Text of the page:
1a plan made in secret by a group of people to do something illegal or harmful: [with infinitive]:there’s a plot to overthrow the government
2the main events of a play, novel, film, or similar work, devised and presented by the writer as an interrelated sequence:the plot consists almost entirely of a man and woman falling in love [with modifier]:he outlined his idea for a movie plot
3a small piece of ground marked out for a purpose such as building or gardening:a vegetable plot
4a graph showing the relation between two variables.
chiefly US a diagram, chart, or map.
verb (plots, plotting, plotted)
1secretly make plans to carry out (an illegal or harmful action):the two men are serving sentences for plotting a bomb campaign [no object]:brother plots against brother
2devise the sequence of events in (a play, novel, film, or similar work):she would plot a chapter as she drove [no object]:in a crime story you have to plot carefully to achieve the surprise at the end
3mark (a route or position) on a chart:he started to plot lines of ancient sites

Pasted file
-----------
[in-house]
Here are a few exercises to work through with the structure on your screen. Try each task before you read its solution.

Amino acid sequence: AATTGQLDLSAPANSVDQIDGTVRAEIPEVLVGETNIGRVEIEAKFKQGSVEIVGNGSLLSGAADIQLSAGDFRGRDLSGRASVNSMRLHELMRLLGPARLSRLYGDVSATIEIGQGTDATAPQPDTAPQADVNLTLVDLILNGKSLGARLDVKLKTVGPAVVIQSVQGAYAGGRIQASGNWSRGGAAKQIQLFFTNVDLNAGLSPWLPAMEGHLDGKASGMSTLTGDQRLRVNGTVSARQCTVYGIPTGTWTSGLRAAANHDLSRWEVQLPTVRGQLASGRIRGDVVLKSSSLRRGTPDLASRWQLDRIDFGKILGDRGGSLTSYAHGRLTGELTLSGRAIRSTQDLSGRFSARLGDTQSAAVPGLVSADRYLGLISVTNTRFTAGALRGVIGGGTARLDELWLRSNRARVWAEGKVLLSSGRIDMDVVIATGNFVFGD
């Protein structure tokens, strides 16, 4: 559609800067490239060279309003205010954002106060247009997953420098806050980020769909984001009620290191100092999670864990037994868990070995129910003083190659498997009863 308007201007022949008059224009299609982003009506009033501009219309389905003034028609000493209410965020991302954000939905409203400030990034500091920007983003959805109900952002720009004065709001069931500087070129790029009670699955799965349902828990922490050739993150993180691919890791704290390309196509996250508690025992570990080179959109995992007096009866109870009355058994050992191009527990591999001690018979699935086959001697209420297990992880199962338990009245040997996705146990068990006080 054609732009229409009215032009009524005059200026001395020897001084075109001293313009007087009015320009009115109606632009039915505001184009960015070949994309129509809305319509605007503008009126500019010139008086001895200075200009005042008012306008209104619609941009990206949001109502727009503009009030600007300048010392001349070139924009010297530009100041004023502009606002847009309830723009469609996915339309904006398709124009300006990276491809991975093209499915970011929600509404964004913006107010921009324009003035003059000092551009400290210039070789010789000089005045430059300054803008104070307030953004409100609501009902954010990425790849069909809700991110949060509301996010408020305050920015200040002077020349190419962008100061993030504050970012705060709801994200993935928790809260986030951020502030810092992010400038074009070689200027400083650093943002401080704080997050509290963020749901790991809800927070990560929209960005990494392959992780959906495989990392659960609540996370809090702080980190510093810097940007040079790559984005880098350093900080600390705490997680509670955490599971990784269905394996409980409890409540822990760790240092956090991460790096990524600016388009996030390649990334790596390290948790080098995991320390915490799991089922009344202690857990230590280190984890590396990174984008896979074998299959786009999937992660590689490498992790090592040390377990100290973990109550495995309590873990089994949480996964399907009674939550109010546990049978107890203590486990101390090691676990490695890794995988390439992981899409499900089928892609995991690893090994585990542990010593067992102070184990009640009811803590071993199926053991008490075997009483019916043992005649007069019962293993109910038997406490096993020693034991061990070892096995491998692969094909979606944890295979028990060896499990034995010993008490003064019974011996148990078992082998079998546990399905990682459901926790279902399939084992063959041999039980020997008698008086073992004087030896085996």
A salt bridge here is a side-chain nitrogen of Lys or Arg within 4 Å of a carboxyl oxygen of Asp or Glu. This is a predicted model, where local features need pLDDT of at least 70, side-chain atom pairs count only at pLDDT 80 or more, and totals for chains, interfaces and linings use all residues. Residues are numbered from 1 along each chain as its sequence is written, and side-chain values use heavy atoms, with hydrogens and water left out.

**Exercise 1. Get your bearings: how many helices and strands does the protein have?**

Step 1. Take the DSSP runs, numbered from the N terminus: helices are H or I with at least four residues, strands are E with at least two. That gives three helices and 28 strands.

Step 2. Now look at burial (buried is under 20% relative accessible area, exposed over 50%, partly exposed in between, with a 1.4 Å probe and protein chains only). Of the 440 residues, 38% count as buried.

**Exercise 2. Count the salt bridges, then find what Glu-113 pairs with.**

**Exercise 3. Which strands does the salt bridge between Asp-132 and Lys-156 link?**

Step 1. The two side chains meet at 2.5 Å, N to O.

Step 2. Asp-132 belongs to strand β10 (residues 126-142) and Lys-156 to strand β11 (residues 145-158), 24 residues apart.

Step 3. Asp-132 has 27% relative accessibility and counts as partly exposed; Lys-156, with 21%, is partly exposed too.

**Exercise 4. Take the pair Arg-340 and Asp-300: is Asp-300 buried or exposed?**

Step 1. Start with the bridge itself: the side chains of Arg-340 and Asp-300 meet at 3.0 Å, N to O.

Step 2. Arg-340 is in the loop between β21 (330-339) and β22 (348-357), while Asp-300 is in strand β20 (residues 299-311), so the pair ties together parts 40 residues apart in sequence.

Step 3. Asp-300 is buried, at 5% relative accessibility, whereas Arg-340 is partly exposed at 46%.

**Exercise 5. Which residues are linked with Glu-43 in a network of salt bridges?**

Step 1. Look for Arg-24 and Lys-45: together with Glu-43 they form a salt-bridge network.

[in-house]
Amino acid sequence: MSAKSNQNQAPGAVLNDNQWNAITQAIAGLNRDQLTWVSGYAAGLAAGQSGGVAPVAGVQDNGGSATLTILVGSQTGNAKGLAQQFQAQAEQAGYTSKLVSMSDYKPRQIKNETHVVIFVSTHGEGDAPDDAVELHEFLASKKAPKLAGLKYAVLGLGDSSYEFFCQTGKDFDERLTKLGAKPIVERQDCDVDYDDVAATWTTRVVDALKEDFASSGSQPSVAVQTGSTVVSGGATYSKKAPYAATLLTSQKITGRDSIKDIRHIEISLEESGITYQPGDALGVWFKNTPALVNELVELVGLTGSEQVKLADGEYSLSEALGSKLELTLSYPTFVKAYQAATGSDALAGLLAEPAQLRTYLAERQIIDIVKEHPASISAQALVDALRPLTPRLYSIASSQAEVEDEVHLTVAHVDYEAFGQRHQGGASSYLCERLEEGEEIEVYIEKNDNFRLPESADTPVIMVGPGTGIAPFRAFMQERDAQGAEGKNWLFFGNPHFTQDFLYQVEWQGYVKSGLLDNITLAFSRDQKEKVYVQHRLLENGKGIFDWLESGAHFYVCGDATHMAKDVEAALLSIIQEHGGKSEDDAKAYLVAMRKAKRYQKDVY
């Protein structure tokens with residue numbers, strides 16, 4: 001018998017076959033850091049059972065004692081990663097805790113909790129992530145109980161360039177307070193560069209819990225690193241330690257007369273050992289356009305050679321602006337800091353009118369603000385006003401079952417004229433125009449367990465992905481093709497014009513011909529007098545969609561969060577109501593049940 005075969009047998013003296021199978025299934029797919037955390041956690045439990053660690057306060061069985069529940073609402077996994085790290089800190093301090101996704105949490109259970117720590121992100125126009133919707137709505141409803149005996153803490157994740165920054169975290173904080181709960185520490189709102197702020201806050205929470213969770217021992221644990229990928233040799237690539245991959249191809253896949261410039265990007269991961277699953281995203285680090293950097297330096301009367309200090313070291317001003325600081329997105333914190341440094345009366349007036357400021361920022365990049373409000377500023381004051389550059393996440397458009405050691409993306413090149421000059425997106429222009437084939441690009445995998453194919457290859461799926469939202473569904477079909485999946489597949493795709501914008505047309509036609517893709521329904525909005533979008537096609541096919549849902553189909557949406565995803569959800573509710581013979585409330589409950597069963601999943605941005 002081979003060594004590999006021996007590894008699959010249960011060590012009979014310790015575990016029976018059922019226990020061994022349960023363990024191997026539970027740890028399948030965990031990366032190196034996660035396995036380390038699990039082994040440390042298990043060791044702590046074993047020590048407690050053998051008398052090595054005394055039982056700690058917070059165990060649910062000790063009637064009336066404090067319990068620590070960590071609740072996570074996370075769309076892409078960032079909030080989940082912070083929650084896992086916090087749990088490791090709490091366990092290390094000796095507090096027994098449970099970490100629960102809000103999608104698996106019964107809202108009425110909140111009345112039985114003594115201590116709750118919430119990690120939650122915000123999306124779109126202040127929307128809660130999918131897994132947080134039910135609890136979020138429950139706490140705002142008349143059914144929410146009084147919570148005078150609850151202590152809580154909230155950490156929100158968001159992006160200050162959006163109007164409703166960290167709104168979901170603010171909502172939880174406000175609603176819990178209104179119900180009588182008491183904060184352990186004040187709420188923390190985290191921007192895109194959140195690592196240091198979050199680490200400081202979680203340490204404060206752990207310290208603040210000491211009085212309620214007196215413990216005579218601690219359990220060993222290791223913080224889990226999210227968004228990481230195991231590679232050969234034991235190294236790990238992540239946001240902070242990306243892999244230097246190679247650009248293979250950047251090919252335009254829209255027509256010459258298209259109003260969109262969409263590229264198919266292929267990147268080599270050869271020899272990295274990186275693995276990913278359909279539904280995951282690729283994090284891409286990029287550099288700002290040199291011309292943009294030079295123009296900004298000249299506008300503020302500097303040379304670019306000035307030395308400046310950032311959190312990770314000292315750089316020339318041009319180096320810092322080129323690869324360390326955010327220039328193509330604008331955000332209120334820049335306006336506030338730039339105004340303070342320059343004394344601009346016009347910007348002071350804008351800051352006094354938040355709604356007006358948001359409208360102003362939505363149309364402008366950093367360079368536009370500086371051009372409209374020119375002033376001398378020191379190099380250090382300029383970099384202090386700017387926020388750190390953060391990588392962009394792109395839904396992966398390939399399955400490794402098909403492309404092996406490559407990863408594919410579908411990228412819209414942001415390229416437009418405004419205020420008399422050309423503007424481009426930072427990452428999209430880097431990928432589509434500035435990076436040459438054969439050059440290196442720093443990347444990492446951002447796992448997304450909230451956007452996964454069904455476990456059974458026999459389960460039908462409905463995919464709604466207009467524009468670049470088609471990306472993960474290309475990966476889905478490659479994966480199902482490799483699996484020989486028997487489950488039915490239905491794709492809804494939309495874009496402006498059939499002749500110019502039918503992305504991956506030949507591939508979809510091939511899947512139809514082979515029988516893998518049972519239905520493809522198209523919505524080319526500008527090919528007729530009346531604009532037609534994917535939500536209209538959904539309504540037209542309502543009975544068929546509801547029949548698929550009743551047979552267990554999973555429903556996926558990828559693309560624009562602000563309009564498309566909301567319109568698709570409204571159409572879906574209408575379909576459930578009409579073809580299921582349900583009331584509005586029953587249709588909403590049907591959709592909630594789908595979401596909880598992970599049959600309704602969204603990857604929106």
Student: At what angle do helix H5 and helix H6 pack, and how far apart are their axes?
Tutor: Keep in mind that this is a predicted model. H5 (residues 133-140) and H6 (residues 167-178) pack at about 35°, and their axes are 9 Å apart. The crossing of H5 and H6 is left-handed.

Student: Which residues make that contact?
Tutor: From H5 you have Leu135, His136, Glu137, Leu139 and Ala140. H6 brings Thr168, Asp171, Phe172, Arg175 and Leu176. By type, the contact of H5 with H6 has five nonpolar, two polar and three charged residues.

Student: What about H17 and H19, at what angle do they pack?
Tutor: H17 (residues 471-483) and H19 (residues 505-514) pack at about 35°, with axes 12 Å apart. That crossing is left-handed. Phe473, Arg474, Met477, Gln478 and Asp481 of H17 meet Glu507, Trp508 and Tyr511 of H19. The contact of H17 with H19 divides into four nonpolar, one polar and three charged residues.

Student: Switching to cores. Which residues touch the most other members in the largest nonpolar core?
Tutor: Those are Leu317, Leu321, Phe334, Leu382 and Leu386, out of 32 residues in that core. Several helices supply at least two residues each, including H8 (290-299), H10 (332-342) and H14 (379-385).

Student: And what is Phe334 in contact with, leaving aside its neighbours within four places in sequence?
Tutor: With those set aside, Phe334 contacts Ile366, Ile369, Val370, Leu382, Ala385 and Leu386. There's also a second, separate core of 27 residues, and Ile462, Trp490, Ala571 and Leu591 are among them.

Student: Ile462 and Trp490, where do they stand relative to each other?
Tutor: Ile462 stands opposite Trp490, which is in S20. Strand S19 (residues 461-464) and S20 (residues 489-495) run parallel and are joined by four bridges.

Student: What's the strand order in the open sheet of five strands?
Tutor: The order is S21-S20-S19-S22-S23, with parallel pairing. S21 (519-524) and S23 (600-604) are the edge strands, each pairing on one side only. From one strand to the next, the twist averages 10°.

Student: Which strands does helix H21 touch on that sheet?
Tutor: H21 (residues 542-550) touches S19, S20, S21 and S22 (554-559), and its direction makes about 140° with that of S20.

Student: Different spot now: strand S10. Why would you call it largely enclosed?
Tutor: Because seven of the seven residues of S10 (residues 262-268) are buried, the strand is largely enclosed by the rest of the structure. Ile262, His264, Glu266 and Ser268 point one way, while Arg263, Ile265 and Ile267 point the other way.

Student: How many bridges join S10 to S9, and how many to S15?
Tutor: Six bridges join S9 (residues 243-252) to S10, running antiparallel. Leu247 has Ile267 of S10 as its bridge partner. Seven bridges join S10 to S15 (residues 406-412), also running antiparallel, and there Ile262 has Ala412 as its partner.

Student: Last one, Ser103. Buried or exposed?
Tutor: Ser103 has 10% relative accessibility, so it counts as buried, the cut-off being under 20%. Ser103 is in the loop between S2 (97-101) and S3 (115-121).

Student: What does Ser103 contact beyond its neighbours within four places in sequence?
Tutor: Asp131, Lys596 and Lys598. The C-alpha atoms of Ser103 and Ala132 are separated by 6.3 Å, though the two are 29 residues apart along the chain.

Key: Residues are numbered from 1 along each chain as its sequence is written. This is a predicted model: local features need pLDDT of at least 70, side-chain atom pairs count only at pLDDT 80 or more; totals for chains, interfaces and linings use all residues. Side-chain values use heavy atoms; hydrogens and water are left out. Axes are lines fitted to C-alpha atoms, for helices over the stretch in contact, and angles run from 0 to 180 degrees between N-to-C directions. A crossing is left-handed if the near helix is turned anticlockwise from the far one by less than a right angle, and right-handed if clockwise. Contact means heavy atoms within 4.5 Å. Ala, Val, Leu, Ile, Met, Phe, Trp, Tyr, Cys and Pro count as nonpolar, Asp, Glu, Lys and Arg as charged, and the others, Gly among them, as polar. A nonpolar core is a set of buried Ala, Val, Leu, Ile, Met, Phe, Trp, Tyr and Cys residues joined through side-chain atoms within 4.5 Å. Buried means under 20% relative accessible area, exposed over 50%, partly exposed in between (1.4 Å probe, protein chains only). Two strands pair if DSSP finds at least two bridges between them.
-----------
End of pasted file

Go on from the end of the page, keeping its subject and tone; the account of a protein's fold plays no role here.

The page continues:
mark out or allocate (points) on a graph:the dependent variable’s points are plotted on the Y axis
make (a curve) by marking out a number of points on a graph:a cooling curve is plotted and the freezing point determined
illustrate by use of a graph:it is possible to plot fairly closely the rate at which recruitment of girls increased
lose the plot
British informal lose one’s ability to understand or cope with what is happening:many people believe that he is feeling the strain or has lost the plot
late Old English (in sense 3 of the noun), of unknown origin. The sense 'secret plan', dating from the late 16th century, is associated with Old French complot 'dense crowd, secret project', the same term being used occasionally in English from the mid 16th century Compare with plat1